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Old 07-05-2010, 08:31 PM   #1
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Default To mash out or not to mash out?

Just want a general idea if anyone skips this part. At the brewery i work at we skip mashing out and cut straight to sparging. I tried it to see if it would gain efficency but my sparge water was to cold so i couldnt see results.

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Old 07-05-2010, 09:07 PM   #2
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I skip the mash out and just use more sparge water.

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Old 07-05-2010, 09:14 PM   #3
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If I'm doing a fly sparge, I'll often mash out. Partly just to get the grainbed temperature up and not having to use scorching hot water for the sparge since my temperature tends to drop a bit during the sparge.

If I'm batch sparging, I never do a mash out.

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Old 07-05-2010, 10:05 PM   #4
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Sometimes I do. Sometimes I don't. It depends on how saucy I'm feeling. You won't see a better explanation of it than right here:

http://www.braukaiser.com/wiki/index...iency#Mash-out

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Old 07-05-2010, 11:40 PM   #5
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A timely thread. Especially since I came on to the forum to look into the same question.

In my case, I am planning to start mashing out due to the limits of my system. I'm a stovetop, batch-sparging brewer and collect my runnings in a big, food-grade bucket rather than into a kettle. I then transfer all of the collected wort into two 5 gal pots. The problem that is driving me to doing a mash out is that my beers have been finishing much lower than anticipated or desired (1.006 to 1.004). I'm assuming that letting the collected wort cool in the bucket without denaturing the enzymes is resulting in much more fermentable wort. My goal is to get my FG within the desired attenuation range based on my OG and chosen yeast.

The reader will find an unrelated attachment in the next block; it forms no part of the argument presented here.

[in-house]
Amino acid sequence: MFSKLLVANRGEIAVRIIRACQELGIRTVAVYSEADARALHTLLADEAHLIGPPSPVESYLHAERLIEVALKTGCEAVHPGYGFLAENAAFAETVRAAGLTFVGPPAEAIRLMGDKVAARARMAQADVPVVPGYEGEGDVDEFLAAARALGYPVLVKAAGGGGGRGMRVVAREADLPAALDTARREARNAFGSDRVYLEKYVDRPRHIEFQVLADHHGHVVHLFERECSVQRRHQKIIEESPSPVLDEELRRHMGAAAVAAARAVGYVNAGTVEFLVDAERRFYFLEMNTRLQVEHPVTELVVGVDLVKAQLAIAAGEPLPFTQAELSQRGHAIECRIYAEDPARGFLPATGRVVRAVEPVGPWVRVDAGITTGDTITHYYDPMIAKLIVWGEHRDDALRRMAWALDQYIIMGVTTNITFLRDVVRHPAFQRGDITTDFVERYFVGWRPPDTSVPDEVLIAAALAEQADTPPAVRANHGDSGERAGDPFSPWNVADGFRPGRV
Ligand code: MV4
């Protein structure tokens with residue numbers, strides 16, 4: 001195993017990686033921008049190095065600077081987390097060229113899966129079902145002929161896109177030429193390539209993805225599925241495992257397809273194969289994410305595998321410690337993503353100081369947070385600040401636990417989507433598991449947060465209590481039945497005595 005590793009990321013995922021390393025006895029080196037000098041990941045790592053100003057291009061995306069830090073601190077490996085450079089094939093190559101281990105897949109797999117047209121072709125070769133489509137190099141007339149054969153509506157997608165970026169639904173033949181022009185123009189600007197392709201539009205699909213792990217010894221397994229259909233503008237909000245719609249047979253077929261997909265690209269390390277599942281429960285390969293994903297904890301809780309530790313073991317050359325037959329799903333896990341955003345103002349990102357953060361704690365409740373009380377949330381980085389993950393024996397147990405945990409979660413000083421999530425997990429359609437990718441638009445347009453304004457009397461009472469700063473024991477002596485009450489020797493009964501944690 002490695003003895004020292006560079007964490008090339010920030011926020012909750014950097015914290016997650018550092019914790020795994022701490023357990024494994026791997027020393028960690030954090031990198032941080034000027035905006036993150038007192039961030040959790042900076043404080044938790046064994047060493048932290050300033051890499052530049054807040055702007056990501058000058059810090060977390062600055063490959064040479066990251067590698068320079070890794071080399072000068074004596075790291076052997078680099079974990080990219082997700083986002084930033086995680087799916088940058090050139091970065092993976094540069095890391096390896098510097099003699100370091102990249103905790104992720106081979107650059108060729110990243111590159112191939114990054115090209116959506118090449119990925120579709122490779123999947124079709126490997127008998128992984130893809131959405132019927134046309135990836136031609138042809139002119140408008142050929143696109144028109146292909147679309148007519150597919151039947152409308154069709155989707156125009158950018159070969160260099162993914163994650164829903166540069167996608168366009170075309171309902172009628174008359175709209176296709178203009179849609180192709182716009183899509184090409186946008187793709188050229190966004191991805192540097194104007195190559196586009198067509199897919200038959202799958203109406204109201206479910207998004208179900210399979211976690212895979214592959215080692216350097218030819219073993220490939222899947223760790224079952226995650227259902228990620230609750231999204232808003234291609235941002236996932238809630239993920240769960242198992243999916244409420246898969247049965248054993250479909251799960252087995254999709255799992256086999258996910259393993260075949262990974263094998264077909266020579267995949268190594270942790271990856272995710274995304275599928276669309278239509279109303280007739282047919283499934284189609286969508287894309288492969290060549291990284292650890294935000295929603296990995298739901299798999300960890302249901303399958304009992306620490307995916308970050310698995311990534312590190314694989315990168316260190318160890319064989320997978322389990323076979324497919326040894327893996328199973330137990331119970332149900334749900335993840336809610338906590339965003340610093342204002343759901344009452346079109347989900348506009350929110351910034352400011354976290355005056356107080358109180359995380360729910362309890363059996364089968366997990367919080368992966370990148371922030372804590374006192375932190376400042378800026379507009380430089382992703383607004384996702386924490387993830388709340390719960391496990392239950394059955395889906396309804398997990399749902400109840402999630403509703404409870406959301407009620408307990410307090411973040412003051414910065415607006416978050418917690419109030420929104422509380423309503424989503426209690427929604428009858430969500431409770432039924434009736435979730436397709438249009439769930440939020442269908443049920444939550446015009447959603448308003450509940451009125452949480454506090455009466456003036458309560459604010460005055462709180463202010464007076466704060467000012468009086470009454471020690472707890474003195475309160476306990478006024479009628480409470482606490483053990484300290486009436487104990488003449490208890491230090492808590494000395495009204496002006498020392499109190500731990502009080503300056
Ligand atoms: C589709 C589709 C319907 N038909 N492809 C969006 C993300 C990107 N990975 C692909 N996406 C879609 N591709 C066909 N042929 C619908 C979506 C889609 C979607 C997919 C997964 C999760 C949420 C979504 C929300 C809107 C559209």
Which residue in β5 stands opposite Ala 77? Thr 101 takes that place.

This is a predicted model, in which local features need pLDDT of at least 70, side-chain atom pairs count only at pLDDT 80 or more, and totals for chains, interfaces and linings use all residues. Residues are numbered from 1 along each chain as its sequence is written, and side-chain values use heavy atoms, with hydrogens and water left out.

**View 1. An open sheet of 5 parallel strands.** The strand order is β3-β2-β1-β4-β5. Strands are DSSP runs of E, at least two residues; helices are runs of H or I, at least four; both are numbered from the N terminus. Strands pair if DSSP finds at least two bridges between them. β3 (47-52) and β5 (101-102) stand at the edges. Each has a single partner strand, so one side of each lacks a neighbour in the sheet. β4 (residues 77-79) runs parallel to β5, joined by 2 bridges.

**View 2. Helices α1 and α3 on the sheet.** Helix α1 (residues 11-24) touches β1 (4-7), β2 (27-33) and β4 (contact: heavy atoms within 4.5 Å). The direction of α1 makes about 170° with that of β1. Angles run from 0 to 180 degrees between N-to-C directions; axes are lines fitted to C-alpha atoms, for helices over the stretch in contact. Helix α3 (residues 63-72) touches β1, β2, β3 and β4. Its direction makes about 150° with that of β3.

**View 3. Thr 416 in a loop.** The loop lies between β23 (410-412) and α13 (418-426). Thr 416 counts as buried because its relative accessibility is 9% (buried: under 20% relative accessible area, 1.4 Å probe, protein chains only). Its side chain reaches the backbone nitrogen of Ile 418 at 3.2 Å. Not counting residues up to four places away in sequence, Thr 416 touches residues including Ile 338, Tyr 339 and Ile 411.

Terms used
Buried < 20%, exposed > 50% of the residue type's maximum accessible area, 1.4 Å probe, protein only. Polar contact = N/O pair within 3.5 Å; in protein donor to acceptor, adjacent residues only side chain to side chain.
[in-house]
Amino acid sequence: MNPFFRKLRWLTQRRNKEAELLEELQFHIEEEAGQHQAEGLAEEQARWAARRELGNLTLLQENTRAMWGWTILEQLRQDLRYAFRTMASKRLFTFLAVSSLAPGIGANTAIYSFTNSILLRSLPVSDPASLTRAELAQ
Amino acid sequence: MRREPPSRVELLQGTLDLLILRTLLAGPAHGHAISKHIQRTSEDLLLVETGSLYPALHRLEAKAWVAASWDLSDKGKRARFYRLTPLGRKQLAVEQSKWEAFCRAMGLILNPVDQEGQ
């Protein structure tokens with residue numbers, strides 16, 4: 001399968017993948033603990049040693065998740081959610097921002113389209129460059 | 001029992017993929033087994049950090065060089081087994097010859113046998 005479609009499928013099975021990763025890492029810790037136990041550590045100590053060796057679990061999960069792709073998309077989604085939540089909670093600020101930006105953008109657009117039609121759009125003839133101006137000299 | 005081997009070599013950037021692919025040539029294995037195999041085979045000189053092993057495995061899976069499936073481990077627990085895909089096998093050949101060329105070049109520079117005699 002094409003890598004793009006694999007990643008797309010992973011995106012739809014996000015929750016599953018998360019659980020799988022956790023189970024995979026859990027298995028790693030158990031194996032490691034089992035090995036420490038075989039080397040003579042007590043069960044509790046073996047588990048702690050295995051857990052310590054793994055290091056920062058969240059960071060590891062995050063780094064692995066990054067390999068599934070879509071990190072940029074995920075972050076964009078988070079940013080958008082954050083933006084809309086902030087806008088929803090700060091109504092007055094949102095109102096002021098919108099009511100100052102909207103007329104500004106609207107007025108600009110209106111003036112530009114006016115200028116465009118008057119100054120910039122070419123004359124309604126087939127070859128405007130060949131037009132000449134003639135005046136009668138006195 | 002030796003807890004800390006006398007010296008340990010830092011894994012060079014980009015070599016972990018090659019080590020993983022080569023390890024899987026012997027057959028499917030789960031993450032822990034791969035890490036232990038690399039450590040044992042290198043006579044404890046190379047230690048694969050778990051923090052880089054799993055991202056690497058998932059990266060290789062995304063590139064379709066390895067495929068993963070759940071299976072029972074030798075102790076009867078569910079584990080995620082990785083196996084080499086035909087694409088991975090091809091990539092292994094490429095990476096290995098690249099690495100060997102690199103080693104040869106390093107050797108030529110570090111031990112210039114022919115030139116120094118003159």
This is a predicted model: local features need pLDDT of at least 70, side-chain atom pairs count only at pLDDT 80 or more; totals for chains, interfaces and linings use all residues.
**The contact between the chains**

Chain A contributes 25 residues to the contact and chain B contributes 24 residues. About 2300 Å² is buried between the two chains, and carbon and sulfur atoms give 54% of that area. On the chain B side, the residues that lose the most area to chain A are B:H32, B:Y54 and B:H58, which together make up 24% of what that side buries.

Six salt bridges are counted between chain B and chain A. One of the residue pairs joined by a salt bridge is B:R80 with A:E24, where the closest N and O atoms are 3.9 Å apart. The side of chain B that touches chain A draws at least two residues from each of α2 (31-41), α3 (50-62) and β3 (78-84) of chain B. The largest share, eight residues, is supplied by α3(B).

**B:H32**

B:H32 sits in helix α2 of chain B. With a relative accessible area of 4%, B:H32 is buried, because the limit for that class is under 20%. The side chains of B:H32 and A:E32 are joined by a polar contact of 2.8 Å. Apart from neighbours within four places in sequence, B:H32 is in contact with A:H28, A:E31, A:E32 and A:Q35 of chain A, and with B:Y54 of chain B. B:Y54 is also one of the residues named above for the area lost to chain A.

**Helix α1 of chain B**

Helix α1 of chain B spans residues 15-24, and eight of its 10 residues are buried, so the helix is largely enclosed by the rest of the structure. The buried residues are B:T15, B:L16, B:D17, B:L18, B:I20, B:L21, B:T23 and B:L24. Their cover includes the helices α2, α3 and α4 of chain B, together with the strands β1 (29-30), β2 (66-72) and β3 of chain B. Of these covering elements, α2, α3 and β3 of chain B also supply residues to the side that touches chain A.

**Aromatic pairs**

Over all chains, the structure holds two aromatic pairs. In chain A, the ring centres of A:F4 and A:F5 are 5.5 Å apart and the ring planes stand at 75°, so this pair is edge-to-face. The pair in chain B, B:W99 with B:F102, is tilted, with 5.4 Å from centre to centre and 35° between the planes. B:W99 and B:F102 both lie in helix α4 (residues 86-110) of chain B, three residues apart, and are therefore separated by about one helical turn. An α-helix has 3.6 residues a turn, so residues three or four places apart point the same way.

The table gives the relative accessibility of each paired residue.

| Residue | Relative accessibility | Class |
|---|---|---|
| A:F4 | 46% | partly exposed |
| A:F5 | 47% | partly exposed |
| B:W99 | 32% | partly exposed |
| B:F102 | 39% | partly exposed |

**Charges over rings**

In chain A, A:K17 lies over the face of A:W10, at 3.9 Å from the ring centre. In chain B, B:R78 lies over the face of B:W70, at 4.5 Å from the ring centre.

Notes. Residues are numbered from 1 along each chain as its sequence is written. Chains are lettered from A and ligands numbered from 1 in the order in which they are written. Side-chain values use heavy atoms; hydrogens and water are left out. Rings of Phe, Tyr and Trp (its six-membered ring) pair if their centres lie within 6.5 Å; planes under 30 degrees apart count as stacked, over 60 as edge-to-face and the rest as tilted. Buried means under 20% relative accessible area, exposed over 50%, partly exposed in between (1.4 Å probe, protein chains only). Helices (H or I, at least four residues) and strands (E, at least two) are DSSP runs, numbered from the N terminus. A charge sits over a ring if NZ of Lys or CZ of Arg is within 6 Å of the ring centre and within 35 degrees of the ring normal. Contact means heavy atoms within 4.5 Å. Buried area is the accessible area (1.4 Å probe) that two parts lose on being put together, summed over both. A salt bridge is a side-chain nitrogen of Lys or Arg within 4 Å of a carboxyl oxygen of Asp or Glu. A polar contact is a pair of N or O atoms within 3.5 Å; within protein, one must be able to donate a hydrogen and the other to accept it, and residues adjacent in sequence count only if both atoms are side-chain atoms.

I suppose that I could collect my first runnings and 'warm' them up on the stove, but ...

Thank you for listening to my tale of woe.

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Old 07-06-2010, 03:24 AM   #6
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Quote:
Originally Posted by Nugent View Post
A timely thread. Especially since I came on to the forum to look into the same question.

In my case, I am planning to start mashing out due to the limits of my system. I'm a stovetop, batch-sparging brewer and collect my runnings in a big, food-grade bucket rather than into a kettle. I then transfer all of the collected wort into two 5 gal pots. The problem that is driving me to doing a mash out is that my beers have been finishing much lower than anticipated or desired (1.006 to 1.004). I'm assuming that letting the collected wort cool in the bucket without denaturing the enzymes is resulting in much more fermentable wort. My goal is to get my FG within the desired attenuation range based on my OG and chosen yeast.

I suppose that I could collect my first runnings and 'warm' them up on the stove, but ...